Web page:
Storage Wars is a suspenseful reality TV show in which people blindly bid on the contents abandoned (or seized) self-storage lockers in the hope of finding items of value inside. When the locker doors are finally cut open—the winning bidder gets to pick among the old, dusty stacks and piles. Sometimes it’s all a bust, but a typical yield includes salvageable furniture and household goods that can fetch a few bucks at a re-sell shop. Jackpot items include vintage clothing, antiques, and collections. Yet, for every locker opened, probably no more than 10-20% of the space is occupied by the treasures. The rest? Money down the drain in storage fees.
The United States has more storage space than any other country on earth: fifty-eight thousand facilities cover two and a half billion square feet – an area equivalent to three times the size of Manhattan. What does it cost us? According to the National Storage Association, $22 billion a year.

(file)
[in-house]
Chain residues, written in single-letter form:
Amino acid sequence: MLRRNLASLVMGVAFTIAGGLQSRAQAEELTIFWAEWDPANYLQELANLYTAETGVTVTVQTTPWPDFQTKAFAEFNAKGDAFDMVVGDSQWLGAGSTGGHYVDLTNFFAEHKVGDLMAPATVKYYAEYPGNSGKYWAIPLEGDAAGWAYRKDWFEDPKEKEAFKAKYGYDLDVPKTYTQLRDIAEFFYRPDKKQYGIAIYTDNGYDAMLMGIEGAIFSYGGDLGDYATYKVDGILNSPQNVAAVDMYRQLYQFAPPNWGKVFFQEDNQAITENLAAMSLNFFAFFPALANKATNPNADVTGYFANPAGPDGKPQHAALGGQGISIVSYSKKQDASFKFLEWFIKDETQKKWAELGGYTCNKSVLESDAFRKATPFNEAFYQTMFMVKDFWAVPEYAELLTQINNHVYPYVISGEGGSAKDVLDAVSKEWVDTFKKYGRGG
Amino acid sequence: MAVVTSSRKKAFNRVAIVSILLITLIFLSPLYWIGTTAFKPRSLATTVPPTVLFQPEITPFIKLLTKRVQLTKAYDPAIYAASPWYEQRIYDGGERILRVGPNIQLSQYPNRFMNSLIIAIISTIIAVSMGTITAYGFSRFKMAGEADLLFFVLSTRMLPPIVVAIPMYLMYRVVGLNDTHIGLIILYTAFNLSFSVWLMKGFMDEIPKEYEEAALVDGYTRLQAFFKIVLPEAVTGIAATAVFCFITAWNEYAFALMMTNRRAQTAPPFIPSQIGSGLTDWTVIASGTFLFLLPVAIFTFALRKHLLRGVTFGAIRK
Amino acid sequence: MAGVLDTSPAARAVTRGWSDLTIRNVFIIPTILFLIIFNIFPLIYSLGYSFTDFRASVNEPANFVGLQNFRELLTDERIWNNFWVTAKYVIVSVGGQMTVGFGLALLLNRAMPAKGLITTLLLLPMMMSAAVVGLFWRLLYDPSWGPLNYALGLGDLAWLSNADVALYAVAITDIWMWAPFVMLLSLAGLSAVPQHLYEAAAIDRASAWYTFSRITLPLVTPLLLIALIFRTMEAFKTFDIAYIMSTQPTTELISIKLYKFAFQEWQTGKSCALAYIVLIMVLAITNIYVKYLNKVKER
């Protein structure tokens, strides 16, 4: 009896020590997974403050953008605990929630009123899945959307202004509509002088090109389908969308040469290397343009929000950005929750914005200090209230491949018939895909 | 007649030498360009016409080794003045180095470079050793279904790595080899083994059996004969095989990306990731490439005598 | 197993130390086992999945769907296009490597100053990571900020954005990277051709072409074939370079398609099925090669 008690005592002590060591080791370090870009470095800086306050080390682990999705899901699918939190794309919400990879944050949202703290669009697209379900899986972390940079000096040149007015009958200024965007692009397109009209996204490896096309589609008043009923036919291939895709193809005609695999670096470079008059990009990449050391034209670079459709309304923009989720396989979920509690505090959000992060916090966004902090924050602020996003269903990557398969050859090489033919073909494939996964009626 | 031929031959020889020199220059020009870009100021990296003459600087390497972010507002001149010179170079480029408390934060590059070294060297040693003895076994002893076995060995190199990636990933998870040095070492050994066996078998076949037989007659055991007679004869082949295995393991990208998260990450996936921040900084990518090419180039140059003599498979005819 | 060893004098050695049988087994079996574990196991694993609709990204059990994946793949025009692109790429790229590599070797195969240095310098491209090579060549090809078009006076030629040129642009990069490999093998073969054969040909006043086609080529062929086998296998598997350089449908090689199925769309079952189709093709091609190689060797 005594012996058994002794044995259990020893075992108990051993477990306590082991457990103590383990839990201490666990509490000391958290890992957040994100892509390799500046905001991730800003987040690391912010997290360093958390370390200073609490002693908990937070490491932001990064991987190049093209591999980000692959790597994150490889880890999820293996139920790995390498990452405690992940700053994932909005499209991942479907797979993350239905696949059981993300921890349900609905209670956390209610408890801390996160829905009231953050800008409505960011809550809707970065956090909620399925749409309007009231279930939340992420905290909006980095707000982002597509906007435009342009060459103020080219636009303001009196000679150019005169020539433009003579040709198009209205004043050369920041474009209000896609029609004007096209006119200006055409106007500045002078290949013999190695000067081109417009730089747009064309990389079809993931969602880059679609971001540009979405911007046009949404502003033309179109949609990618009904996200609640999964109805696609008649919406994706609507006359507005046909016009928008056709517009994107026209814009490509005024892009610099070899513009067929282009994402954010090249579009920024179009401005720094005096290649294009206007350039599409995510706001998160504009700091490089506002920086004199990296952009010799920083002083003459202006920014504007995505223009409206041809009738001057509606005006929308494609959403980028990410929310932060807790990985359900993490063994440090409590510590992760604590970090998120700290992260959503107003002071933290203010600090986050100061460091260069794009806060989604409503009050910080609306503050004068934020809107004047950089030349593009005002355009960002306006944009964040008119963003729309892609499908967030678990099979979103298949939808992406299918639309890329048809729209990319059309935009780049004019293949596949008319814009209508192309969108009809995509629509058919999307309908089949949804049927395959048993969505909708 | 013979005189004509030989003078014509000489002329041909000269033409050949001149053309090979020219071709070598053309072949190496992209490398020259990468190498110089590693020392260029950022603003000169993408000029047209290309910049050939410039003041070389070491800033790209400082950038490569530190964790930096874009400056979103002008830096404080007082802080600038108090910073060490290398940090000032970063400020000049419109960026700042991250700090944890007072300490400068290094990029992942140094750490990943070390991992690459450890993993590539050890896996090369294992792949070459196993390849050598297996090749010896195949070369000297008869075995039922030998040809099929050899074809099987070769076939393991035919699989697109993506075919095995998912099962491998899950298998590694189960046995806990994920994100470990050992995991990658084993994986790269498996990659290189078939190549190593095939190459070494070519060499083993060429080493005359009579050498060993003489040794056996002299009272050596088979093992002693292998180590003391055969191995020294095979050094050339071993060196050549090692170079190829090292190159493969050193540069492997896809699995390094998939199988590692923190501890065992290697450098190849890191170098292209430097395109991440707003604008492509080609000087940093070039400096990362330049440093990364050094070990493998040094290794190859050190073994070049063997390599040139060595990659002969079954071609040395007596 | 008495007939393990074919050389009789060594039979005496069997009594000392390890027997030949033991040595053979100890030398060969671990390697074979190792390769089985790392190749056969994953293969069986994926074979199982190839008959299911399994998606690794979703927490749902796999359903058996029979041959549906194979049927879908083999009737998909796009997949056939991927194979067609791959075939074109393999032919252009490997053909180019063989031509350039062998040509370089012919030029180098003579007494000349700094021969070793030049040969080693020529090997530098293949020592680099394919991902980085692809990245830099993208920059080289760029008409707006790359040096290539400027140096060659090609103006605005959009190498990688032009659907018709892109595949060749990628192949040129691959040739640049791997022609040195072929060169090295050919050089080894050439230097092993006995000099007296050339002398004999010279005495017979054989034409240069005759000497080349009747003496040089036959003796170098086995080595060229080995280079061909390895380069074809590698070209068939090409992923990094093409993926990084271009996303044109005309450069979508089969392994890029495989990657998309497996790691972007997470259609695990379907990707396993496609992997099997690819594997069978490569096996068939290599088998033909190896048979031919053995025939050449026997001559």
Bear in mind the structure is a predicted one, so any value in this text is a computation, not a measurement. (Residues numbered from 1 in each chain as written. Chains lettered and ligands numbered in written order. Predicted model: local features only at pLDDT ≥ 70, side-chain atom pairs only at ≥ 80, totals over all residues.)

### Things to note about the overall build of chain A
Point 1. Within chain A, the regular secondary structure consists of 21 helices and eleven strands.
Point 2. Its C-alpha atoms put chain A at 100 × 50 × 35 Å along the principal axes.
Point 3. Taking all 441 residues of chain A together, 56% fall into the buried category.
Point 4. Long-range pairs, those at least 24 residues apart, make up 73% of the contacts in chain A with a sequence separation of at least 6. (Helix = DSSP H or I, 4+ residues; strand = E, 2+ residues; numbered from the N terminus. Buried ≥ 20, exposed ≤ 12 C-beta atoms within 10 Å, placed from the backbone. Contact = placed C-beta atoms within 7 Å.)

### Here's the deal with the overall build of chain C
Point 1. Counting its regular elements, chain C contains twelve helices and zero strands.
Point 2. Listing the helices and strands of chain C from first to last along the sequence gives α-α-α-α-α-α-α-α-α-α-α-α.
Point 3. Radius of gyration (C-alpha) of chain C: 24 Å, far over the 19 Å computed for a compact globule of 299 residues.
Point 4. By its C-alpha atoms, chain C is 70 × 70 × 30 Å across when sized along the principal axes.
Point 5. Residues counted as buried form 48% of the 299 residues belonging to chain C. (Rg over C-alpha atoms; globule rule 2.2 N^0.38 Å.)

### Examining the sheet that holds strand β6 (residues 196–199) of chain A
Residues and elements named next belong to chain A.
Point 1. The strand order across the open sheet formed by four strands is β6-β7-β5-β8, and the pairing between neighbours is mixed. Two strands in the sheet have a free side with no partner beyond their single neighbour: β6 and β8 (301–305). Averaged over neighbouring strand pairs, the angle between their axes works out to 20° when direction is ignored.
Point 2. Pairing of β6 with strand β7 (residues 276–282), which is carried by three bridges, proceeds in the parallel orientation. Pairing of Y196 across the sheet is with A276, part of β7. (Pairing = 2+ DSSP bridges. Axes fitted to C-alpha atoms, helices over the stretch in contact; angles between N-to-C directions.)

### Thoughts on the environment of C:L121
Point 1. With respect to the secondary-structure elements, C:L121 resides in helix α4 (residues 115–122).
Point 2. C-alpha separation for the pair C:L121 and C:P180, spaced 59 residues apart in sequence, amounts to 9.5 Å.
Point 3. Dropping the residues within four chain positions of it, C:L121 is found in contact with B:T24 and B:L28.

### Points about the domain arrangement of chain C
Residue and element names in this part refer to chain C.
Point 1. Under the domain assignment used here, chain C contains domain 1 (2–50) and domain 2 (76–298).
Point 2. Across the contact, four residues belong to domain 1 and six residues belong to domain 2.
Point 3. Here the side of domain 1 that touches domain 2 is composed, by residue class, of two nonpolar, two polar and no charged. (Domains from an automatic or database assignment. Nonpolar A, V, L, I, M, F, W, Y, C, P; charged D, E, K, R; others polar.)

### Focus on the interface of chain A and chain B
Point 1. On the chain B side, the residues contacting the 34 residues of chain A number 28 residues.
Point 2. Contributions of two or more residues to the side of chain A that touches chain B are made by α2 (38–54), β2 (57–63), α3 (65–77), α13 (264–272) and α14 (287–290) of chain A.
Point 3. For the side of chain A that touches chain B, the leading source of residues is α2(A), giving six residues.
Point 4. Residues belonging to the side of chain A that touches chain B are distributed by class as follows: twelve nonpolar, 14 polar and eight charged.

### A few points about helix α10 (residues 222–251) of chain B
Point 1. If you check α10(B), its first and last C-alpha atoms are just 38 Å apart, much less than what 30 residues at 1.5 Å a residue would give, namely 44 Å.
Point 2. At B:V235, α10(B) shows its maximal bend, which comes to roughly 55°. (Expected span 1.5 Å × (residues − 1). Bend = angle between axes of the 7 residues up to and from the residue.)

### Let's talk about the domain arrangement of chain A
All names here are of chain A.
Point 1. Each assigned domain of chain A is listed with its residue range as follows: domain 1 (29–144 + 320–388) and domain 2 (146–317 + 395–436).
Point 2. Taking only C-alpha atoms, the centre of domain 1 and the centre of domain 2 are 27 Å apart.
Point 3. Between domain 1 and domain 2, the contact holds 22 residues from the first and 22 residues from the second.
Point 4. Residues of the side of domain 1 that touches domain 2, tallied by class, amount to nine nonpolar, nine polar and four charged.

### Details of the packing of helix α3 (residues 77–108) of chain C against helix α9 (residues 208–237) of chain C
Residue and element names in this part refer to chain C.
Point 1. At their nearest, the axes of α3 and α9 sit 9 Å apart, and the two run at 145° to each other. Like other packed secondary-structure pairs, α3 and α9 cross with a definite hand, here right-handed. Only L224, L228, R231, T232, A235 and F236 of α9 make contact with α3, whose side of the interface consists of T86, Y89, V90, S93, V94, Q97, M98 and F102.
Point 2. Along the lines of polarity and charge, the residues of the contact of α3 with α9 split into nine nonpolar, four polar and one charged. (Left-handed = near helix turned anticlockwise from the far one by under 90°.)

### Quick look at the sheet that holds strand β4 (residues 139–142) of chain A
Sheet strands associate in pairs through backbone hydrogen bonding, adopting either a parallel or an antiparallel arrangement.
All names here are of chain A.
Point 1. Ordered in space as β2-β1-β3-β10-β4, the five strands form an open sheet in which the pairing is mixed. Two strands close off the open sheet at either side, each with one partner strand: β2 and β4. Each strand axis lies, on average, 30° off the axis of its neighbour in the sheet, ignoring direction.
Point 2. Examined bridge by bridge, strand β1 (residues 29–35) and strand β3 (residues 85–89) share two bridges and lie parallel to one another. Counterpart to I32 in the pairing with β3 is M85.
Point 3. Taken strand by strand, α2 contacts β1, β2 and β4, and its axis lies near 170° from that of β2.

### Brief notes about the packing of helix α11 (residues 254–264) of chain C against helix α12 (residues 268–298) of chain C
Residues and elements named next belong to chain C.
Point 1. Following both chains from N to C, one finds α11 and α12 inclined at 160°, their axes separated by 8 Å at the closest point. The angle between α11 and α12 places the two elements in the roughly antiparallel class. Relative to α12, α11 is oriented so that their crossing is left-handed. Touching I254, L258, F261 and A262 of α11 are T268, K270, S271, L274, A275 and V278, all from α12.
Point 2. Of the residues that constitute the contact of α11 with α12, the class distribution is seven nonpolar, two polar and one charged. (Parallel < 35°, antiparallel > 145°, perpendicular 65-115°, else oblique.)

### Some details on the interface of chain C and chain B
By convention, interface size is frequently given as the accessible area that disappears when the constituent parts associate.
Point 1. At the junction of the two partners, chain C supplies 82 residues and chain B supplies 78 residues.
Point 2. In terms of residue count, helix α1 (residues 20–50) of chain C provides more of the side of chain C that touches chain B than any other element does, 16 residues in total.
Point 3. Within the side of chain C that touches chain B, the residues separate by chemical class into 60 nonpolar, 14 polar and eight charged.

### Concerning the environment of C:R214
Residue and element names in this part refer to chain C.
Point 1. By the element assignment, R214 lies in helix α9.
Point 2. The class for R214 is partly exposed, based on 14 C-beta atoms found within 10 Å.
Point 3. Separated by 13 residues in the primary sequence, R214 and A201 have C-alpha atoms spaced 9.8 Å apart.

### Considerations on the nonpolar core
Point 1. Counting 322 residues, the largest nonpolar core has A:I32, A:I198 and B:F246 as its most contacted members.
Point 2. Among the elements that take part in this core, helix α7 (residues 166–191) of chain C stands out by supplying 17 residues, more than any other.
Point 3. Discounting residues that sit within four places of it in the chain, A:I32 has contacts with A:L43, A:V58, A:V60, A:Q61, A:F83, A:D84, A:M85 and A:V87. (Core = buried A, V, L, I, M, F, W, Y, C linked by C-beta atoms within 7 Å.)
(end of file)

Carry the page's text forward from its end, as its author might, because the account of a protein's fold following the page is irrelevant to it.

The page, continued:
Why our overuse of storage? The story is almost always the same: people don’t want to get rid of something because they paid for it, (and might need it in the future) but end up spending more to store the items than it would cost to replace them. (E.g. the dining room table purchased for $1,200 costs $6,000 in storage fees.)
If you have items in storage, odds are the expense isn’t worth it and you’ll want to commit to recouping that cash. Calculate how much it’s costing you (the monthly cost multiplied by how long you’ve had it), then do quick cost/benefit analysis. If the sum exceeds your threshold of reasonable value, go to your unit with the goal to deep-six 75 percent of contents on site and bring the remaining 25 percent home to either use, give away or sell.
If you absolutely must put items in storage, click here for tips to make sure you don’t forget what’s there, abandon the contents or spend more to store the items than they were ever worth.
New York Times bestselling author Julie Morgenstern is an organizing and time-management expert, business productivity consultant and speaker. Her company, Julie Morgenstern Enterprises, is dedicated to using her philosophies and methods to provide a wide range of practical solutions that transform the way people and companies function.